The dev points out that only partial root can be achieved for devices like the EVO, Desire, Aria, and others as they come NAND locked from manufacturer. In either case, the app will allow you to use either Windows, Linux Distros, and even Mac by installing an app before hand.
Here’s a one-click root that works with Froyo on our Captivates. It’s not just the Captivate. It works with almost all phones and all android versions. (including the i9000, Droid, Nexus One)
The program requires Microsoft .NET Framework 2.0+ or Mono v1.2.6+
Operations systems with native support:
You can find more information in the application thread.
OnePlus One Hydrogen OS: First Impressions
May 28th 2015 was a special day for OnePlus. Afterall, it was on this day that they had promised to release Hydrogen OS, their own homebrewed China-specific ROM for the OnePlus One. And they did deliver, as Hydrogen OS was unveiled to the public in a beta format. Tag along as we take a look at what this ROM has to offer in our Initial Impressions.
You need to be part of the beta group in order to give this Hydrogen OS a spin. However, forum members have been kind enough to share their own links. You can find a number of download mirrors in the OP of this thread. Make sure you have decent download speeds and a reliable connection to download this 618 MB large ROM. There’s also a handy torrent present in the thread to help those with unreliable connections.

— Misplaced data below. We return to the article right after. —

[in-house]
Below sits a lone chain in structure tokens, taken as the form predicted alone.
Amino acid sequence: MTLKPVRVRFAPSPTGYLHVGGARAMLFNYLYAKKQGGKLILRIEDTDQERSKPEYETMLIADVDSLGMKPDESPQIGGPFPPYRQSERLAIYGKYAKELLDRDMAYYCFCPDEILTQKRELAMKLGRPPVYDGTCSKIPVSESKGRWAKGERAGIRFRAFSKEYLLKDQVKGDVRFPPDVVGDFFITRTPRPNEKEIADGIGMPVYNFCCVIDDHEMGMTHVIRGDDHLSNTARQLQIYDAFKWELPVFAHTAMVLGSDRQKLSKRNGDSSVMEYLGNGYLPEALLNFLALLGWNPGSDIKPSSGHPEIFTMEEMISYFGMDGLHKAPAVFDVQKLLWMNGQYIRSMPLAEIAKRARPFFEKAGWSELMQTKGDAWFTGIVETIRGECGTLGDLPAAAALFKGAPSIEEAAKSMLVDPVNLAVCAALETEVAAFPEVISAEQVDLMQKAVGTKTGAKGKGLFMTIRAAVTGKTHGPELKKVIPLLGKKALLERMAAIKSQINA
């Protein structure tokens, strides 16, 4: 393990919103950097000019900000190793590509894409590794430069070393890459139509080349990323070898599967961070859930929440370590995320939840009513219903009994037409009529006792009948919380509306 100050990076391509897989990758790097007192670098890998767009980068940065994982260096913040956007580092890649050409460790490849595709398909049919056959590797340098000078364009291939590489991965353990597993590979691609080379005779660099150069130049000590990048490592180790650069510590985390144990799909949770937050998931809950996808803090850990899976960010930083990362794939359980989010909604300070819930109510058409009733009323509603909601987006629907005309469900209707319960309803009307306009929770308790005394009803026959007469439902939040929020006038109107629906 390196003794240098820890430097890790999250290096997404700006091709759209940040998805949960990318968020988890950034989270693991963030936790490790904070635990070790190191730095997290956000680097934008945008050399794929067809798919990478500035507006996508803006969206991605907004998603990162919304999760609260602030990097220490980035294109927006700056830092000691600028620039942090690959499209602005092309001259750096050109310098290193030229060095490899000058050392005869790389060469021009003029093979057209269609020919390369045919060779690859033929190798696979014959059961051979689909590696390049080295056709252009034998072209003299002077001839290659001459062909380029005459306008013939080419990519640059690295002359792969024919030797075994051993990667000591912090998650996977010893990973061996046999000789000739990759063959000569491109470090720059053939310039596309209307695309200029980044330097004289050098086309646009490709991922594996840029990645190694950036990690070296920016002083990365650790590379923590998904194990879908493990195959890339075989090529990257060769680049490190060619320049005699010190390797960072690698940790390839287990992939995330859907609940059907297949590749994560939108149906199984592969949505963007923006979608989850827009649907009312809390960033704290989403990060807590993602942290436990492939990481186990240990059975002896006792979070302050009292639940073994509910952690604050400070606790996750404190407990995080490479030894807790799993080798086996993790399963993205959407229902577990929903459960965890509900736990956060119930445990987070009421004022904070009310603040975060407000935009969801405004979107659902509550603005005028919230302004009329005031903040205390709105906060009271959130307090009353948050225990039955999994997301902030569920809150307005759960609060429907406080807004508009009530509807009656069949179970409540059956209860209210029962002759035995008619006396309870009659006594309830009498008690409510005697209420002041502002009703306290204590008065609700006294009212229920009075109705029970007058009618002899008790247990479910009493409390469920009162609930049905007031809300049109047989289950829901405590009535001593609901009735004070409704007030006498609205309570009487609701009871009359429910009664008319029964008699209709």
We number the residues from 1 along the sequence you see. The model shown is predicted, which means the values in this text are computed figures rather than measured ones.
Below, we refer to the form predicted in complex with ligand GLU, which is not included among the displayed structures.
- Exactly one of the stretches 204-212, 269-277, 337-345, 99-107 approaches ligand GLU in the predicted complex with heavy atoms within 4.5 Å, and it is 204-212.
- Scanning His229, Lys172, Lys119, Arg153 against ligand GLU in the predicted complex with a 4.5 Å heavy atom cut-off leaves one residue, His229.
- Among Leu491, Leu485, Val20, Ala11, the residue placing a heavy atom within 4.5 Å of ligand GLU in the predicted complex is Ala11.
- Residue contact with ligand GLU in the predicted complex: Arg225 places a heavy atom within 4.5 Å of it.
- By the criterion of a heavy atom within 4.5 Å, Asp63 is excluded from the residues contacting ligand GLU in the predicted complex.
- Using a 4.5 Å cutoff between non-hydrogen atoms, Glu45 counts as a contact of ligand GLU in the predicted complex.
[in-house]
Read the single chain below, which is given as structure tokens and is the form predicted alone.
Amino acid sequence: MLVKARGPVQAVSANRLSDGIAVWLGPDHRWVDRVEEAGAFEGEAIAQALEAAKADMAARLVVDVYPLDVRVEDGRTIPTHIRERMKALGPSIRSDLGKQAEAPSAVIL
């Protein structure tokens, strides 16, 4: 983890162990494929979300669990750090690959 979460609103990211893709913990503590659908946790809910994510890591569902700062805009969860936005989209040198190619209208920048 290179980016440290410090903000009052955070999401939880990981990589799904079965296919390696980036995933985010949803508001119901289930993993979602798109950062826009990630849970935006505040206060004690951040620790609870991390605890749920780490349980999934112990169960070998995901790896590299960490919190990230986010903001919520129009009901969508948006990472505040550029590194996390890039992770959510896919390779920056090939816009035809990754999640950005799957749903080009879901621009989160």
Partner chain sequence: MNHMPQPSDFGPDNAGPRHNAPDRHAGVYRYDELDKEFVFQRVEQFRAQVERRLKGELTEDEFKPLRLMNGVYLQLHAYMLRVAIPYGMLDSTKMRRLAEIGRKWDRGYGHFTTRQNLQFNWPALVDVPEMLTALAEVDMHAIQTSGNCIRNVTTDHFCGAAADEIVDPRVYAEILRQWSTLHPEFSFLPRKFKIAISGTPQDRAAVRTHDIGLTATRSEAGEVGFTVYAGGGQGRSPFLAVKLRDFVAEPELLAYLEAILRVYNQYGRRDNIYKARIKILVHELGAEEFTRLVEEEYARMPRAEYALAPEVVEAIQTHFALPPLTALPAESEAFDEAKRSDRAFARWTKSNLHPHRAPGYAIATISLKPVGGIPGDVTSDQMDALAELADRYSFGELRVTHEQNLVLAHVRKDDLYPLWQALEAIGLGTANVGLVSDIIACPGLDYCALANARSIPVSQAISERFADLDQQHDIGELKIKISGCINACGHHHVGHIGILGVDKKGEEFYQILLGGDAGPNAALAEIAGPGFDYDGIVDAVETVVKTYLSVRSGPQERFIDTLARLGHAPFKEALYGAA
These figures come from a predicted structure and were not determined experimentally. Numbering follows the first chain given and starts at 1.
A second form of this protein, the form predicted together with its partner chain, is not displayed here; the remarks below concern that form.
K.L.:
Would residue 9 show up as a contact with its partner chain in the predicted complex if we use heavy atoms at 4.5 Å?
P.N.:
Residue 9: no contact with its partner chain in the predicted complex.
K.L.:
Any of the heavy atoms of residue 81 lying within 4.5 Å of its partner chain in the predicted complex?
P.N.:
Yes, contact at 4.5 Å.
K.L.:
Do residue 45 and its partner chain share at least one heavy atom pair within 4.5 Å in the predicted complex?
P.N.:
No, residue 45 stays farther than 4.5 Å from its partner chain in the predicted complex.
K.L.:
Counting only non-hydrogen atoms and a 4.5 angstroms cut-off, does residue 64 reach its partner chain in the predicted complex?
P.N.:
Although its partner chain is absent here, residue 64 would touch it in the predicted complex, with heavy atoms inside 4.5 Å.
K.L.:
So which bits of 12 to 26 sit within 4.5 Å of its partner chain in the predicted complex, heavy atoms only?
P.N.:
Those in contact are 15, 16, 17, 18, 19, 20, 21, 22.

For power users, this step should be no different from installing any other ROM.
You will need:
- OnePlus One with unlocked bootloader
- Custom Recovery Installed (TWRP recommended, but others will work too)
- Place downloaded ROM zip file onto your internal sd card
- Reboot into recovery mode
- (Optional but recommended) Make a nandroid backup of your existing ROM
- Navigate in the recovery menu and wipe all partitions except your internal storage and USB-OTG
- Install the downloaded zip through recovery
The installation should take a few minutes in recovery, after which you should manually reboot into system.
The first boot will take some more minutes as all the 111 pre-installed applications initialize.
First Boot & Setup
On the first boot setup screen, you get greeted with the language selection menu offering options between two types of Chinese and thankfully, English. What follows the language screen are the usual guides for setting up the phone.
There is an additional setup screen for using a OnePlus account. Unfortunately, the creation process involved using my phone number, which the Input field did not accept.
Surprisingly, I encountered the dialog box for Google’s Location Service permissions. This was surprising due to the fact that I did not flash any Google Apps package, meaning the Hydrogen OS ROM comes pre-installed with Google Services.
Homescreen & App Drawer